Addressing the Fallout From Mr. Sprinkles’ Visit

Good morning Mr. Pua’a. Let me start out by expressing my regret about the tone of our interactions over the past few months. I take my job here at SSHAM very seriously and I’m proud to run the breeding and nursing facility. I agree with your vision of the future and the important part that the shrigs have to play. I understand how much money the company has put into their development, I consider protecting their well being to be my primary goal. That’s why I was so shocked that you had decided to give Mr. Abramo and his daughter Mrs. Essen a tour of the facility. Given the secret nature of our work here it seemed a strange move. When I saw that his daughter had brought her pet pig, I had to speak up. I apologize about our exchange in front of them, but I felt strongly at the time that the introduction of another animal would have an impact on the egg laying cycle. Now it appears I was right, but not in the way I had expected.

I believe Building S is the most advanced animal husbandry facility in the world and I’m very proud of it. When I started working here we had one crazy idea: combine a shrimp and a pig to create an animal that would have little environmental impact and would be easy to raise anywhere there was access to water. Today we have a thriving population of shrigs. Unfortunately, because of the nature of their existence and the public’s opinion on genetically modified foods, we have to ensure the secrecy of the program. I could not understand why you would allow strangers and another animal in without giving us a warning, or discussing it with me first.

Of course I had heard of Mr. Sprinkles before. I had watched him in the news visiting the hospital on Molokai, helping to raise the spirits of patients there. I even vaguely remembered that Mr. Abramo’s daughter had become his owner and had used him as the ring bearer in her wedding. What I wasn’t prepared for was just how shiny he was in real life and his energy level. He was like living glitter and was zipping around everywhere making me concerned about the shrig’s reaction.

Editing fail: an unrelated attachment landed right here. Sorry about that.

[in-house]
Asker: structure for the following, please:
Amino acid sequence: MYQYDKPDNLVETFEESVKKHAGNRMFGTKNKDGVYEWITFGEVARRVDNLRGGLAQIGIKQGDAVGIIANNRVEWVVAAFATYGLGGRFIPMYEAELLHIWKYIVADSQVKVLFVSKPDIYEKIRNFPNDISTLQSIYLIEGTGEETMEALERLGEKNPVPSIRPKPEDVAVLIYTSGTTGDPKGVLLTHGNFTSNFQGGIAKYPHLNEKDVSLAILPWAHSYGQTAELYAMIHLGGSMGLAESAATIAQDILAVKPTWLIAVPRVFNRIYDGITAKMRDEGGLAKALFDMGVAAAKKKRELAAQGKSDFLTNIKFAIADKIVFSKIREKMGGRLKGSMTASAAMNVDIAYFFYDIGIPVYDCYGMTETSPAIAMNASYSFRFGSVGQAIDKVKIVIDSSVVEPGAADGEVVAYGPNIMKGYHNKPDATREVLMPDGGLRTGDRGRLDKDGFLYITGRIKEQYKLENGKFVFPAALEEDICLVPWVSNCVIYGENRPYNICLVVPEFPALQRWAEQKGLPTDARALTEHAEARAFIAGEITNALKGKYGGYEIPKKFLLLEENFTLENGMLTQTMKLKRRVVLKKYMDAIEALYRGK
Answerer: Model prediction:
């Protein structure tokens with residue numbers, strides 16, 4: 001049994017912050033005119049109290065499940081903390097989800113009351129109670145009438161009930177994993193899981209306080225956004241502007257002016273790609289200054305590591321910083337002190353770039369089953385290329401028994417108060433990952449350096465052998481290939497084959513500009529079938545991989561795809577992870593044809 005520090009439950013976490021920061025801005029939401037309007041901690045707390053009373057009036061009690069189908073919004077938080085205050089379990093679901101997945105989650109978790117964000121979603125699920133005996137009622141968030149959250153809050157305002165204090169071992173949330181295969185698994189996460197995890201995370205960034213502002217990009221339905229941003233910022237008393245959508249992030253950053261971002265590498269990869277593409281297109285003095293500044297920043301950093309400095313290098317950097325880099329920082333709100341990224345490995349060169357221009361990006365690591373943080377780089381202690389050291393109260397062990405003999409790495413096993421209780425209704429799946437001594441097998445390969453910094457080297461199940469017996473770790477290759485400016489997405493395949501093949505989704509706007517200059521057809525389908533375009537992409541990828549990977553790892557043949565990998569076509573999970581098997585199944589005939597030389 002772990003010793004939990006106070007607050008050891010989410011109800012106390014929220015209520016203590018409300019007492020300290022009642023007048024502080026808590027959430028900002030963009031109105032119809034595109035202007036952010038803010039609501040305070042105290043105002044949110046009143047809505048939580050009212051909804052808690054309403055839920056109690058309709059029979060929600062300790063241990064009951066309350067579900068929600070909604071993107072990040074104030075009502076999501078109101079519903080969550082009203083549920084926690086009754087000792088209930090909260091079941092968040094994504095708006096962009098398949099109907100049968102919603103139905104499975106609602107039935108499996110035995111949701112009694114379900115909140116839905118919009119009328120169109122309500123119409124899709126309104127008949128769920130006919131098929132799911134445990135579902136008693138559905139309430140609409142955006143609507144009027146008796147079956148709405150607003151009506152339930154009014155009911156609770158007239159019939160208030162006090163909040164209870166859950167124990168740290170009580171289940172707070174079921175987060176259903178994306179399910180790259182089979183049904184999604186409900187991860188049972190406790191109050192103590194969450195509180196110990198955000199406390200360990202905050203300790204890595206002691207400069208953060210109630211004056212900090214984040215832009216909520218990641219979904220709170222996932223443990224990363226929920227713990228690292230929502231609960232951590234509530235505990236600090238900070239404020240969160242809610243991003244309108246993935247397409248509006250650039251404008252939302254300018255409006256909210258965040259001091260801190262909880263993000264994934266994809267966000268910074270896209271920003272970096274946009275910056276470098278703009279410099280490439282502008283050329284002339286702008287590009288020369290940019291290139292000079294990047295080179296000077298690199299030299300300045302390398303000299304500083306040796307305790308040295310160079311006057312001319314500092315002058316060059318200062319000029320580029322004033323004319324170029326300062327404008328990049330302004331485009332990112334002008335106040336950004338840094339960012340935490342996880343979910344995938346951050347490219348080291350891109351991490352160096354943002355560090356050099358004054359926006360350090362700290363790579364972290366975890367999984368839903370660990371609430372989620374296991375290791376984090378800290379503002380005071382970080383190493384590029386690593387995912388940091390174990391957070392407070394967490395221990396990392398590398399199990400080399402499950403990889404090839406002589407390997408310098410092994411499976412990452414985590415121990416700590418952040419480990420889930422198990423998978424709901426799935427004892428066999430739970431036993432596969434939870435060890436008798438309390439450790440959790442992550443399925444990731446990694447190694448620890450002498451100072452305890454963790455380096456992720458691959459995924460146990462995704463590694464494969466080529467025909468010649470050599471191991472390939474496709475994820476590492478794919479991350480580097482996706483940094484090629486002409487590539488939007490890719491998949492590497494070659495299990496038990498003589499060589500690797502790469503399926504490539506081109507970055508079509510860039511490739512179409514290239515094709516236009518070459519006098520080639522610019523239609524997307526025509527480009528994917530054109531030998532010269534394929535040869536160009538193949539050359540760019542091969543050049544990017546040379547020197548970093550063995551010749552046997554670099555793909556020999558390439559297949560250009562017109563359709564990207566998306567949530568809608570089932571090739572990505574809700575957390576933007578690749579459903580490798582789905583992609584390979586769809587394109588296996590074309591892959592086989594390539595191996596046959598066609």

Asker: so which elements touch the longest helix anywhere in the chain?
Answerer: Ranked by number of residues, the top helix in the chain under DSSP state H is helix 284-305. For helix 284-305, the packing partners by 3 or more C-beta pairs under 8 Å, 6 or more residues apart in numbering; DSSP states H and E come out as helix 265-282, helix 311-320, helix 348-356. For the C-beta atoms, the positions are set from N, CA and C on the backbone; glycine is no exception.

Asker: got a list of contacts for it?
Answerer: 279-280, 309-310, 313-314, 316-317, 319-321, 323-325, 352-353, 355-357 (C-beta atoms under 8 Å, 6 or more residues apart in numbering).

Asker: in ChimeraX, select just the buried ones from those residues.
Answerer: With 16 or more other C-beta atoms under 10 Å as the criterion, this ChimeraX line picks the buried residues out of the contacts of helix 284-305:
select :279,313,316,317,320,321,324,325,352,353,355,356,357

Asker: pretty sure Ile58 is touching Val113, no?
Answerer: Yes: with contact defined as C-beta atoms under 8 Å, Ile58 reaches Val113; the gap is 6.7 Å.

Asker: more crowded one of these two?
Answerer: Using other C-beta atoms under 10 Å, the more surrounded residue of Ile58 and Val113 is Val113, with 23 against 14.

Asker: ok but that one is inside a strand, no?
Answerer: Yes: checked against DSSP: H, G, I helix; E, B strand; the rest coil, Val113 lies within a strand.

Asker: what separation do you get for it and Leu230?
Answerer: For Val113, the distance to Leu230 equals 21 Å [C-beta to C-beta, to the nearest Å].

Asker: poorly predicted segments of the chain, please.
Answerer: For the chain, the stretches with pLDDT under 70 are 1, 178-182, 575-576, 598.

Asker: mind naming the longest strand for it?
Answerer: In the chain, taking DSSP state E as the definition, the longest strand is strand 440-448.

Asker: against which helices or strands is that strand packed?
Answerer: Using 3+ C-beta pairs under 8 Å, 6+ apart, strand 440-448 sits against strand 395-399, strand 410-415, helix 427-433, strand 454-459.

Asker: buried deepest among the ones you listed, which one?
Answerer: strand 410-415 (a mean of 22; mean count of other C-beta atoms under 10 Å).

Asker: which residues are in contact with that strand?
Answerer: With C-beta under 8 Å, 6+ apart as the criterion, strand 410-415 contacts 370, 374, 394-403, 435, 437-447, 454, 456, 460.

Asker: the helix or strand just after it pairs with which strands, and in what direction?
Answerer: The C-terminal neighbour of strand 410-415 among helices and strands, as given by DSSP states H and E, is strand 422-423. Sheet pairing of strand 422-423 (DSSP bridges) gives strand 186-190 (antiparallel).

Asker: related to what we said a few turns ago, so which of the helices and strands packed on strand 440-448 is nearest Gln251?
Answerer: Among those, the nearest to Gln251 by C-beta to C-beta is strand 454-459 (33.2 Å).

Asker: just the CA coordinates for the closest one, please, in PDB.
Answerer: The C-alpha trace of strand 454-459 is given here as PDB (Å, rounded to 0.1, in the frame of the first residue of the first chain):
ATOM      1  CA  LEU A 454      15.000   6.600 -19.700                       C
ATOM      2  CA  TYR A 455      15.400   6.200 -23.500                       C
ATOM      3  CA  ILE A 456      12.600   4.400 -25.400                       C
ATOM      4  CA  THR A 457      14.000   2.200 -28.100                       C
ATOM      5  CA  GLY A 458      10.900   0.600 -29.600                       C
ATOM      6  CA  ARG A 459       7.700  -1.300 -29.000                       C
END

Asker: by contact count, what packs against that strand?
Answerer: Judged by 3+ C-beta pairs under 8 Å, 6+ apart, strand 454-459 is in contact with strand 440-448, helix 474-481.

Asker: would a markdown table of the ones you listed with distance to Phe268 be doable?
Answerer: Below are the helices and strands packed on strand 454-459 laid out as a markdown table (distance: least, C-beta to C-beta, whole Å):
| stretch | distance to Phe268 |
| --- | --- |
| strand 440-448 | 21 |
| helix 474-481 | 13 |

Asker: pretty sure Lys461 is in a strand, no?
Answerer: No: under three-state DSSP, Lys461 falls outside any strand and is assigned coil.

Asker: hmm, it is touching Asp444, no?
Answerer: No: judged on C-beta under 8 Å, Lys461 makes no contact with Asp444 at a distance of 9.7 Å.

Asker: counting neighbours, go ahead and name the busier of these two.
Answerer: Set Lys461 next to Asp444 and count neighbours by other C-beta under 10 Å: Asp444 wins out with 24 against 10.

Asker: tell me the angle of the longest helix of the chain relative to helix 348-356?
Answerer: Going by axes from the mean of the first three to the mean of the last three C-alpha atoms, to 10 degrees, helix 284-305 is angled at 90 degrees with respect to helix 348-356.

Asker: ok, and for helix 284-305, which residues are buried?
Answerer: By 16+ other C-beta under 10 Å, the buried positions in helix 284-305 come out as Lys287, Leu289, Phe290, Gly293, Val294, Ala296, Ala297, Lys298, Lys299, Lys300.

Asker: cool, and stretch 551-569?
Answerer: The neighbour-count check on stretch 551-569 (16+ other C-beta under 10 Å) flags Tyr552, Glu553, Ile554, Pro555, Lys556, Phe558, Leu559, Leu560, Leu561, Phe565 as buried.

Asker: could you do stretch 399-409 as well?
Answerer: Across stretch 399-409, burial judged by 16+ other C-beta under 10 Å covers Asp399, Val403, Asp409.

I tried to personally keep an eye on him, but Mr. Abramo’s passion for what we are doing here sucked me in. We must have been discussing the shrig life-cycle for almost an hour when I heard the squeals, shrieks, and a horrible sloshing sound coming from the main holding area.

I thought that my concerns had come true and I’d find bits of sparkly skin stuck in the slots of the fencing where the shrigs had pulled Sprinkles through. Instead, I found that the little pig had somehow leapt the fence and was running about the pen while the shrigs squealed. It looked like they were playing. Brandi apologized and some of our technicians removed Sprinkles, but it was clear to everyone that it was time to go. We scrubbed the fencing and quarantined the animals Sprinkles had contact with, just in case he had brought in a pathogen but all seemed well. 94 days later we learned that Sprinkles wasn’t just playing in that pen.

The first hatchling with an iridescent pattern was brought to me immediately. By the end of the day we had 23 shimmering little shrigs, all from sows that had been in the pen where we found Mr. Sprinkles. By the end of the week the number had grown to 54. They averaged 15% smaller than the usual shriglet and didn’t seem to be able to filter feed like a purebred of their kind. All I could think of was the millions of dollars wasted and whether or not the mothers would still be viable since their breeding has been so difficult for us. While the little things were beautiful to look at, we’re creating a food for the future here, not boutique pets. Then it occurred to me. We had 54 hatchlings from 7 mothers. Even though they were a bit smaller, that was an incredible insemination rate. He may be small and glossy, but that little pig is packing something powerful.

I think it would be in our best interest if you reached out to Mr. Abramo and Mrs. Essen to discuss the possibility of using Mr. Sprinkles services again. Of course this time we would conduct the coupling in a more controlled environment. We need to determine if there is something special physically that he is doing, or if his amazing fertility is a result from his extensive genetic manipulation. I have no idea what an appropriate stud fee would be since obviously this is a unique case. Perhaps Mr. Abramo would be amenable to signing a confidentiality agreement and we could provide him with one of our older nonbreeding sows. Clackers hasn’t laid a viable clutch in months, so losing her wouldn’t be a major loss to the program. Everyone knows how obsessed he is with eating, the man created a museum dedicated to meat after all. I think if he discovers how delicious shrig shumai is, we should have no problem setting up an arrangement. Judging from the noises coming from the pen that day, I don’t think Mr. Sprinkles would complain either.